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People Who Blend Storytelling In Their Life Live More Awesome

People Who Blend Storytelling In Their Life Live More Awesome

If you can tell a better story about yourself, you will live a better life. I’m living proof of that. Seven years into my marriage, I felt stuck in reverse. My husband and I were living a safe, status quo, all-American story – decent jobs, good kids and a roof overhead. But it failed to satisfy. Deep down we wanted so much more. And that “so much more” had nothing to do with a fat paycheck or a big home in the suburbs – we wanted our lives to be an unfolding adventure in pursuit of things we loved. So we decided to rewrite the script of our lives and invite some adventure in.

It came at a high cost – we quit our jobs, put our house on the market and sold everything in it. We also moved 4,000 miles apart to gain clarity. But the reward has been great – my husband is back in school at the age of 42 while I reinvent myself and my career. We feel fully alive as we live out a story that’s 100 percent authentically our own.

There is so much power in story. If you need help reframing the story of your life but don’t know where to begin, take your cue from The Moth. When it comes to storytelling, they do it best. Here’s why incorporating their techniques will help you gain the guidance you need to walk in your truth.

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1.  You may not have an epic story but no matter how small, it’s significant.

When The Moth storytellers step up to the mic, they assume the air of quiet confidence that everyone has a story worth telling. Yes, there’s the writer who moved to Jerusalem to be a part of the peace process but there’s also the daughter of a stripper who learned some cool life lessons from her free-spirited mother. Every story is worth listening to.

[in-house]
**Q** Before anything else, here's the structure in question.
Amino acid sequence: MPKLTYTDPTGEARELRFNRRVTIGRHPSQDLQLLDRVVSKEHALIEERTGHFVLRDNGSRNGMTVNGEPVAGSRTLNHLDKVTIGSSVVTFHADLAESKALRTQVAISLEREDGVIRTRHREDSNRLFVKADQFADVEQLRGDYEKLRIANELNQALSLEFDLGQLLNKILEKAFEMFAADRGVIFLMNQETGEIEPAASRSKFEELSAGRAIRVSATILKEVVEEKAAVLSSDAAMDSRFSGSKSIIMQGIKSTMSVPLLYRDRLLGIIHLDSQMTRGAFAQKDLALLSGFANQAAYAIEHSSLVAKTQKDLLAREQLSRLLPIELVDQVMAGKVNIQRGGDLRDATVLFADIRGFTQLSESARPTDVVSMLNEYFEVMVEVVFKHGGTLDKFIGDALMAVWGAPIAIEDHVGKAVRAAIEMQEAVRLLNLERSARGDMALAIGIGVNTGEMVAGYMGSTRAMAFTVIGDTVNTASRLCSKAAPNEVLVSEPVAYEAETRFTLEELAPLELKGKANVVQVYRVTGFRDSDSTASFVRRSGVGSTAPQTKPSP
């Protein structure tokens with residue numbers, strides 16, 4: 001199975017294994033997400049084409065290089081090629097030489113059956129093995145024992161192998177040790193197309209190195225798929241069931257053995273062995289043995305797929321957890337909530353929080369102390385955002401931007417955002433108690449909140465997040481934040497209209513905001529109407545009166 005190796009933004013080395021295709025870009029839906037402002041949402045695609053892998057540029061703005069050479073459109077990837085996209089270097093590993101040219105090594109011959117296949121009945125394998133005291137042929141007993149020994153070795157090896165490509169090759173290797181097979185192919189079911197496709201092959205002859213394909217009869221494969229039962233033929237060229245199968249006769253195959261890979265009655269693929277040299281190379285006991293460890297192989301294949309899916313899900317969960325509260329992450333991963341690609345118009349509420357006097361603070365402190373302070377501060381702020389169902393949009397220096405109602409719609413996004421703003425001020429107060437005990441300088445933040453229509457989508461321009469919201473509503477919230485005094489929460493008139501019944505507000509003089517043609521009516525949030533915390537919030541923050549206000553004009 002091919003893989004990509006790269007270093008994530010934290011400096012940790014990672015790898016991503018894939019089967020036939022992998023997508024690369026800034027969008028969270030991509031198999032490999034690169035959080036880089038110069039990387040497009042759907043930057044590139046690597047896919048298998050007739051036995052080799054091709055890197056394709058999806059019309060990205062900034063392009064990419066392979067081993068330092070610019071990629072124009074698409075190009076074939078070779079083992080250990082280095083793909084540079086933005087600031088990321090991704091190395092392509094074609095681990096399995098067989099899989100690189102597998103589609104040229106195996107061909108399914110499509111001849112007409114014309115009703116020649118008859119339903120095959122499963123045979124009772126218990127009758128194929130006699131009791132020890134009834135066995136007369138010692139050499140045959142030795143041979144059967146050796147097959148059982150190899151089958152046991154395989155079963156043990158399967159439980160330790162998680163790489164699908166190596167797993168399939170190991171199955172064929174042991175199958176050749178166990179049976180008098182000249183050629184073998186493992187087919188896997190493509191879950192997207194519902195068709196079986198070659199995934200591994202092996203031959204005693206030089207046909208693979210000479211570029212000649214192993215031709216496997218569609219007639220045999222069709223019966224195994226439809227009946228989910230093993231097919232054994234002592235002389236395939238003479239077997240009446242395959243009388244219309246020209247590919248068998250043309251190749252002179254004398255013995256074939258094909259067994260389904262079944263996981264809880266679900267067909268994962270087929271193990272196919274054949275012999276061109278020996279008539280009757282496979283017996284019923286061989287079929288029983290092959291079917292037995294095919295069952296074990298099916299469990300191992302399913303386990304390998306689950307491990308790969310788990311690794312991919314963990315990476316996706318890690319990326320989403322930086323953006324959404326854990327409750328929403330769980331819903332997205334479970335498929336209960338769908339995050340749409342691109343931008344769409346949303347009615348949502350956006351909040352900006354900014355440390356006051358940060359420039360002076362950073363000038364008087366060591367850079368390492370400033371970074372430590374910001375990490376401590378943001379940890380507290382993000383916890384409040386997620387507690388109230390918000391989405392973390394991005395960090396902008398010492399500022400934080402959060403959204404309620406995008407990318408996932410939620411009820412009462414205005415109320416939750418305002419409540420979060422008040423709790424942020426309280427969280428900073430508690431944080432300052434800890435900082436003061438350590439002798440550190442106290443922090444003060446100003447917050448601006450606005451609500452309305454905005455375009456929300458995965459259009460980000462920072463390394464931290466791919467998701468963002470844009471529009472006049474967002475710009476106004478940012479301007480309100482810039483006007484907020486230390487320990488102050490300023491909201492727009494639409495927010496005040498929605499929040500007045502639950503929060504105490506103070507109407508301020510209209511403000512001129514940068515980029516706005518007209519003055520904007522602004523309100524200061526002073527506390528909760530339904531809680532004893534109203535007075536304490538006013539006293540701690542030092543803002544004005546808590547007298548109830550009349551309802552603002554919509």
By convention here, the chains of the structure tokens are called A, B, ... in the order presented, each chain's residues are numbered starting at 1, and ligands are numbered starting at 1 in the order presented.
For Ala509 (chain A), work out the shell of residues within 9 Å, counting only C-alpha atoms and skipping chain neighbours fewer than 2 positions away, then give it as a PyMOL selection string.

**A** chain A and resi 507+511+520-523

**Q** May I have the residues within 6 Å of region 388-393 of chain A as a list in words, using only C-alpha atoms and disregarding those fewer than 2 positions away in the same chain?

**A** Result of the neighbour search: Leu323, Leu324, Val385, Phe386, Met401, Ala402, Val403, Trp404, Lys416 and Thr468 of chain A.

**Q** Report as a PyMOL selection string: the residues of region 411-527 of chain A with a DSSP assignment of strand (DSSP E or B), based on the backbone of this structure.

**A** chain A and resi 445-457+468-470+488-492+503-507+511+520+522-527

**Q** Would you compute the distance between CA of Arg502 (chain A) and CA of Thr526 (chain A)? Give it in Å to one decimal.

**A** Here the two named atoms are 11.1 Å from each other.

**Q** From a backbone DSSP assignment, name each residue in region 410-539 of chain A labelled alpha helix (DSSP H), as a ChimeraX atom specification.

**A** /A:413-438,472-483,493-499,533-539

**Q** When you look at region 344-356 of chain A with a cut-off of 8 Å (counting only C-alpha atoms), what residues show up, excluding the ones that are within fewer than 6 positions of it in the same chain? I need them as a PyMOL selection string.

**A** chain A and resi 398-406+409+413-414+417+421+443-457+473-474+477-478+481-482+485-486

2. You’ll be tempted to give an intro but start with the hook instead.

If your beginning is bad, no one will listen to the end. So make your beginning bold. In my seven years as a radio broadcaster, how I framed my stories changed one day when consultant Tracy Johnson shared, “If you don’t start a story with a good hook, 50 percent of your audience will tune out immediately.” It’s true.

3. You might want to get stuck in the conflict zone but a good story ends with overcoming.

Storyteller extraordinaire Donald Miller says the premise of any good story involves conflict you must overcome, but it’s the end of the story, the overcoming, that truly inspires. Only you have the power to craft that ending. Think through how you want your story to end. The Moth states, “Your last line should be clear in your head before you start.”

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4. Consider this: What would your story sound like if you spoke from an authentic place, forgetting about pleasing your listening audience?

I think you’ll find as you share honestly from the heart, you’ll connect authentically with other people. Storytelling Tip #6 from The Moth is: No standup routines. The world isn’t a stage where you get to be a funnyman sharing your best zingers. The world is a place hungry for people who desire deep connection.

5. Your life is far from perfect but that just means it’s more interesting in scope and depth.

As you rehearse your story “Moth-style,” you’ll hold your own life right up to the light and realize it’s beautiful because of its fractures – not in spite of them. The illusion of perfection is not “Moth-worthy.” Case in point: the story of road rage that landed a new mom in jail. Totally imperfect. But crazy interesting.

6. You need to save your preaching because there’s no “moral of the story.”

The quickest way to make your audience snooze is by talking down to them. It’s insulting and fails to ring with truth. No one has the monopoly on truth. The Moth recently featured a tour guide who confronted racism at work and a man addicted to cookies! They each tell equally compelling stories because we’re all a work in progress on a journey towards wholeness.

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7. You might want to stage your life but you’ve got to go with the flow.

Whether you’re at a networking event or giving a presentation in the boardroom, it helps to have bullet points in your mind to keep you on track, but you need to flex and switch gears if need be. The Moth instructs people to imagine they’re “at a dinner party, not a deposition.” No scripts are allowed at “the Moth.” No papers. No props.